Procalcitonin in the Early Course Post Pediatric Cardiac Surgery

Robert Zant, MD; Christian Stocker, MD, FMH (CH), FCICM; Luregn Jan Schlapbach, MD, FCICM; Sara Mayfield, BHScNurs; Tom Karl, MD, FRACS; Andreas Schibler, MD, FMH (CH), FCICM


Pediatr Crit Care Med. 2016;17(7):624-629. 

In This Article

Abstract and Introduction


Objective: Procalcitonin has emerged as a promising infection marker, but previous reports from small-sized studies suggest nonspecific elevation of procalcitonin after pediatric heart surgery. As procalcitonin is increasingly used as a marker for infection in the PICU, the aim of this study was to identify factors associated with postoperative procalcitonin elevation and to investigate the role of procalcitonin as an early marker of outcome after cardiac surgery.

Design: Prospective observational study.

Setting: Single, tertiary referral PICU.

Patients: Patients aged 0–16 years following cardiac surgery with or without cardiopulmonary bypass.

Interventions: Procalcitonin was measured in all patients at admission to PICU, and on postoperative day 1 and 2. Outcome variables included major adverse event, length of stay in PICU, postoperative renal failure requiring temporary dialysis, duration of mechanical ventilation and duration of inotropic support. A major adverse event was defined as cardiac arrest, need for postoperative extracorporeal life support or death within 3 months of cardiac surgery.

Measurements and Main Results: In 221 included patients who underwent 232 operations, procalcitonin at admission to PICU was significantly associated with mechanical ventilation prior to surgery (p = 0.001), preoperative myocardial dysfunction (p = 0.002), duration of cardiopulmonary bypass (p < 0.001), intraoperative cross-clamp time (p = 0.015), and serum lactate at admission (p < 0.001). Patients suffering a major adverse event and patients with postoperative renal failure had significantly higher procalcitonin levels at admission to PICU (p = 0.04 and 0.01, respectively). Furthermore, procalcitonin levels at admission correlated significantly with the length of stay in the PICU (p = 0.005), time on mechanical ventilation (p = 0.03), and duration of inotropic support (p = 0.02).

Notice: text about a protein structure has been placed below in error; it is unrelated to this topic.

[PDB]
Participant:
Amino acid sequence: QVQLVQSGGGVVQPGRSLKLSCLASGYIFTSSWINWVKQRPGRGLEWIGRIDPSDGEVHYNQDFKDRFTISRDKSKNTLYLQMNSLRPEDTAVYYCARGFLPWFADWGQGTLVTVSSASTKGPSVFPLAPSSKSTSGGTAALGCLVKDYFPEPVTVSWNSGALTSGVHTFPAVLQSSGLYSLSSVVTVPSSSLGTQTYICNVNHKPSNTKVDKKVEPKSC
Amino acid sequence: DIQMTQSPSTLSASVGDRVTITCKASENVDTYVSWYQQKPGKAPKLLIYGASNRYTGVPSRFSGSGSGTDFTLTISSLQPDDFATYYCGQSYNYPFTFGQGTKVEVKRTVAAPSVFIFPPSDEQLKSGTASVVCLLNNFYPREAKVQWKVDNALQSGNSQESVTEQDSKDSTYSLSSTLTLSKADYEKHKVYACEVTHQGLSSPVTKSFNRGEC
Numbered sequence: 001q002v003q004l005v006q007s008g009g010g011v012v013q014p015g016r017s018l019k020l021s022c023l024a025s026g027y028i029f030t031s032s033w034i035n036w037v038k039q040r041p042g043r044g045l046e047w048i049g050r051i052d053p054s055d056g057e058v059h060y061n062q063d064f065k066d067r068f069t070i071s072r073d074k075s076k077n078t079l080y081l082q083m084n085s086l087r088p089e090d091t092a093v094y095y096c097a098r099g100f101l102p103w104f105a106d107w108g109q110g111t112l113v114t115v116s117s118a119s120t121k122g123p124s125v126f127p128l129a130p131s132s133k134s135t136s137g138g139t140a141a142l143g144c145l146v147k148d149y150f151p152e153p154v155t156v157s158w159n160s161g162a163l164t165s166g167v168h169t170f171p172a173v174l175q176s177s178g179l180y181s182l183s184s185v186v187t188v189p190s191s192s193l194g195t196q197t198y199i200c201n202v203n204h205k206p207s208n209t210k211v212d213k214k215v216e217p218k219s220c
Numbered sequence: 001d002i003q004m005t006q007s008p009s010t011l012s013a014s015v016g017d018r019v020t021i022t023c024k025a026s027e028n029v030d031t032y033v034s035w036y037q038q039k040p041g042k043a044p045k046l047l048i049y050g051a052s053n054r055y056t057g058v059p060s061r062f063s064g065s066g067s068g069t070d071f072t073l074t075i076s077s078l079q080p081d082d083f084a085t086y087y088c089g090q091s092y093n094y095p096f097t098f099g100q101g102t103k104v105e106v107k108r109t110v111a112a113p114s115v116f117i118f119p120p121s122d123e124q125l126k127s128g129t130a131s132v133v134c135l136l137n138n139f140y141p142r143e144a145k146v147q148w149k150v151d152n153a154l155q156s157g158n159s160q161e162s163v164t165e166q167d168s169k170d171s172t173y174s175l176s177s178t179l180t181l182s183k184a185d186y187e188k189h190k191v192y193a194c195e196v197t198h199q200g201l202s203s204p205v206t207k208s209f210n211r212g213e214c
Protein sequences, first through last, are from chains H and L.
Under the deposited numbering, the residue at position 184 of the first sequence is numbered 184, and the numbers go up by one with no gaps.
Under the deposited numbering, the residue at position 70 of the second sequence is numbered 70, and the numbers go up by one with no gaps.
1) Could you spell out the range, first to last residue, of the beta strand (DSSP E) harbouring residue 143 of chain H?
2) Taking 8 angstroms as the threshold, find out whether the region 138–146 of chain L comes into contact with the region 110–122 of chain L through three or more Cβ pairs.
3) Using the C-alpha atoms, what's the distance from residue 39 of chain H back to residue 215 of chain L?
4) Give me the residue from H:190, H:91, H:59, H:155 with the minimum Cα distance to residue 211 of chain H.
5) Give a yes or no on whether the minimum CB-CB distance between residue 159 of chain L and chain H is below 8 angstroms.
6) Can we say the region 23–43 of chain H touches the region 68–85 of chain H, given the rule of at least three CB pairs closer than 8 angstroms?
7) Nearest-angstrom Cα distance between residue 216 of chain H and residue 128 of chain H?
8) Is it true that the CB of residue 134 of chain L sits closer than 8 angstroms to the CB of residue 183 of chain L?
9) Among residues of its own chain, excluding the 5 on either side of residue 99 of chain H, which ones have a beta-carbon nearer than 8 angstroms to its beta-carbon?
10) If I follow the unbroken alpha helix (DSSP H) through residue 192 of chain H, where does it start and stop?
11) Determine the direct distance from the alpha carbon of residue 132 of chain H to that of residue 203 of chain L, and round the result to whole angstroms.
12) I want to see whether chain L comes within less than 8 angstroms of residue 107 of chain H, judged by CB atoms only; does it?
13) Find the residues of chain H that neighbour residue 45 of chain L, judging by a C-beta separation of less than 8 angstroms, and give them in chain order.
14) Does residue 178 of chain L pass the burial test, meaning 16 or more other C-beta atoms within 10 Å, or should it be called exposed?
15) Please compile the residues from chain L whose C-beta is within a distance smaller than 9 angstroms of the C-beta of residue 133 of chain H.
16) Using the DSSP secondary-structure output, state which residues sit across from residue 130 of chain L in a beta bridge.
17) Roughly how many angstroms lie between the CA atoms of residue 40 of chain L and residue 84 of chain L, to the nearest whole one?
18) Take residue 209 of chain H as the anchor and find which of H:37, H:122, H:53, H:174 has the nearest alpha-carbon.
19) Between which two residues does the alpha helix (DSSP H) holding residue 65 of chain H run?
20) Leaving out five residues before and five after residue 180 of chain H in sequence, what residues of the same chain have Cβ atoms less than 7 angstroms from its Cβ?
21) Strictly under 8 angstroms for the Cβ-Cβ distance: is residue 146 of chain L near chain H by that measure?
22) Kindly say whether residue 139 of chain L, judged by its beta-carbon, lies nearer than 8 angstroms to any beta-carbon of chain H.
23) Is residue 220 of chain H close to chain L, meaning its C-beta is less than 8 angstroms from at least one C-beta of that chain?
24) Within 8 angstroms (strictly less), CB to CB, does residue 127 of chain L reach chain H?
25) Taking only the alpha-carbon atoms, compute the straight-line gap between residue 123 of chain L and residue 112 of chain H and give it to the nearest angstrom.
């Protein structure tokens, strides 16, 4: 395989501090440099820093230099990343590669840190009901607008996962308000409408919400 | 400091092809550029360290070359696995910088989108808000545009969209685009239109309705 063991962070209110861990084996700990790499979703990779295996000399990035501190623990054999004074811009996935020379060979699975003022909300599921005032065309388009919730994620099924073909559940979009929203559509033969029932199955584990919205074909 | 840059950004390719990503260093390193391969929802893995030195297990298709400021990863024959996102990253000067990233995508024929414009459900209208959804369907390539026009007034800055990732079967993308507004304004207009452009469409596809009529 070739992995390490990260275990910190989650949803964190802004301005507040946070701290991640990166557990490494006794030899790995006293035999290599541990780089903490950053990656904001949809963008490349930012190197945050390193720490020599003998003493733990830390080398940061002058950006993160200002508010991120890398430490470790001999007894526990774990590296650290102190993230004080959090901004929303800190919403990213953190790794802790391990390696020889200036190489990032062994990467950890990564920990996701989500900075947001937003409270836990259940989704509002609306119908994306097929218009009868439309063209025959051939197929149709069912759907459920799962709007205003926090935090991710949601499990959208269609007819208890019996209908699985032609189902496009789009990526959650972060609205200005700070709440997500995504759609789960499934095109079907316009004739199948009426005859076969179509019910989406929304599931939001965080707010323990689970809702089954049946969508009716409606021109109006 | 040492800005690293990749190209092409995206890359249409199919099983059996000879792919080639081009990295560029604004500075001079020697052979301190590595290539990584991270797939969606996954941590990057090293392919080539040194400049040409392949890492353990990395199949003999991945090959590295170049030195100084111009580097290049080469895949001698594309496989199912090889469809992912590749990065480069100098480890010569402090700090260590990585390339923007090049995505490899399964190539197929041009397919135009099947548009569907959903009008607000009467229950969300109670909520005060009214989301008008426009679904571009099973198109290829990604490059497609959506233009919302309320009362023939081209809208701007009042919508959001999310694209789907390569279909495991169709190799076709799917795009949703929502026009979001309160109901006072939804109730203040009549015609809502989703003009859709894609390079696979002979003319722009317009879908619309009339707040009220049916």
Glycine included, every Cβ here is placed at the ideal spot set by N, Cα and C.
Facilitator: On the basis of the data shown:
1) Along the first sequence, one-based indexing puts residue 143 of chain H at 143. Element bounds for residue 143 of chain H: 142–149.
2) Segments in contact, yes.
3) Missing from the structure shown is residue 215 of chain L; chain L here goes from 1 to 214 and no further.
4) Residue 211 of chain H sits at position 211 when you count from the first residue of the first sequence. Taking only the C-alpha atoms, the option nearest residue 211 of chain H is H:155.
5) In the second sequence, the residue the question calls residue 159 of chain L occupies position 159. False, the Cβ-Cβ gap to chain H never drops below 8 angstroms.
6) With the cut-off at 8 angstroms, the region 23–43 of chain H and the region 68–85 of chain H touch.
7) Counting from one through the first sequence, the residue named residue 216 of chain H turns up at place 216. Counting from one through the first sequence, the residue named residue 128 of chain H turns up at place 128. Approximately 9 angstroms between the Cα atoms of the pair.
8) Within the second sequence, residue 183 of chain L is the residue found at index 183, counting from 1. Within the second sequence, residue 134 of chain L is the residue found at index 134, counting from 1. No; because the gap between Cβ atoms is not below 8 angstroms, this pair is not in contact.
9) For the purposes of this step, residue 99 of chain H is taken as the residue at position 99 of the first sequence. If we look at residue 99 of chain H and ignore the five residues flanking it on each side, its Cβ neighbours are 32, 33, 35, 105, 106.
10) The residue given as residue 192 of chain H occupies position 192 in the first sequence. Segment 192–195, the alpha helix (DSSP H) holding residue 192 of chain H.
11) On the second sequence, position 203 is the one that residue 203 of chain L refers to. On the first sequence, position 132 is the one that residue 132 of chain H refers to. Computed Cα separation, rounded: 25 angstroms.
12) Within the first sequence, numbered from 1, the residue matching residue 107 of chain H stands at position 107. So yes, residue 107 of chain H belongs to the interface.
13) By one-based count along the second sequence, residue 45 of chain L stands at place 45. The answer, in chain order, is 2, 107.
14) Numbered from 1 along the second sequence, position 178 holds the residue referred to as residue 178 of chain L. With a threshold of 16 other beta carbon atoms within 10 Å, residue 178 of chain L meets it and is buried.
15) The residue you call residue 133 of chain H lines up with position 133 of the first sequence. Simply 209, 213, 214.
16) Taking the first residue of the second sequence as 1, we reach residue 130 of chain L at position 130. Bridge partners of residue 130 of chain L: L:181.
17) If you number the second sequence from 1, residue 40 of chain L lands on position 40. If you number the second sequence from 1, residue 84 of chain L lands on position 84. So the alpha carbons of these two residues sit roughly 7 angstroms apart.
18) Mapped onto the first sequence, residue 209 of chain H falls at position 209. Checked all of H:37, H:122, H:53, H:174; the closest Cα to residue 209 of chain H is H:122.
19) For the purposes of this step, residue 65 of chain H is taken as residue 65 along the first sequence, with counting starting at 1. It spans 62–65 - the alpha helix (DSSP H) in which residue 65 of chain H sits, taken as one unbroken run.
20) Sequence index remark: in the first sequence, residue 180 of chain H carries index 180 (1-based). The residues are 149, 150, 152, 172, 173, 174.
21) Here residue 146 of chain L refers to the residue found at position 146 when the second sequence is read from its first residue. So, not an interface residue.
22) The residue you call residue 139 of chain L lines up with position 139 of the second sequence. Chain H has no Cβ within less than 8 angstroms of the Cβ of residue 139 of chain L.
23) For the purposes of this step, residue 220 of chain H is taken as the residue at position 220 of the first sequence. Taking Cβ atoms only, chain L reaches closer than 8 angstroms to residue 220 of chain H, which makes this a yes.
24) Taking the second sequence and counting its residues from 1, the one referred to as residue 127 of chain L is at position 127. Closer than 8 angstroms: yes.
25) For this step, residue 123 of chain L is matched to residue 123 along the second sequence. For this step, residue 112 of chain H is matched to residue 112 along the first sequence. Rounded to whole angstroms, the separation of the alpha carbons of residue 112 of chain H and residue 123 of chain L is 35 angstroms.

Conclusions: Elevated levels of procalcitonin in the early phase after pediatric cardiac surgery are a marker for increased risk for major adverse events and postoperative renal failure and increased postoperative morbidity.


The immediate postoperative phase after cardiac surgery is affected by bypass-induced systemic inflammatory response syndrome (SIRS), which is difficult to differentiate from with microorganism-induced SIRS. Procalcitonin, has emerged recently as a marker of infection in PICU. As with many other inflammatory markers, procalcitonin has been shown to be non specifically elevated in the absence of infection after uncomplicated pediatric open heart surgery,[1] reaching a maximum level within 24 hours postoperatively.[2] In adults, high procalcitonin levels after cardiac surgery have been shown to correlate with several severity of illness scoring systems, including the acute physiology and chronic health evaluation II and the simplified acute physiology score. Nonsurvivors were more likely to have high levels.[3–6] There is a limited number of publications based on small sample size describing the postoperative changes of procalcitonin in children after cardiac surgery.[1,7]

In view of the increasing use of procalcitonin as a sepsis marker in children, including postoperative patients, better knowledge on the course of procalcitonin post cardiac surgery is required. The aim of this study was to investigate the factors associated with high procalcitonin levels and to investigate the role of procalcitonin as a prognostic marker for outcome after surgery in a large cohort of infants and children undergoing surgery for congenital heart disease.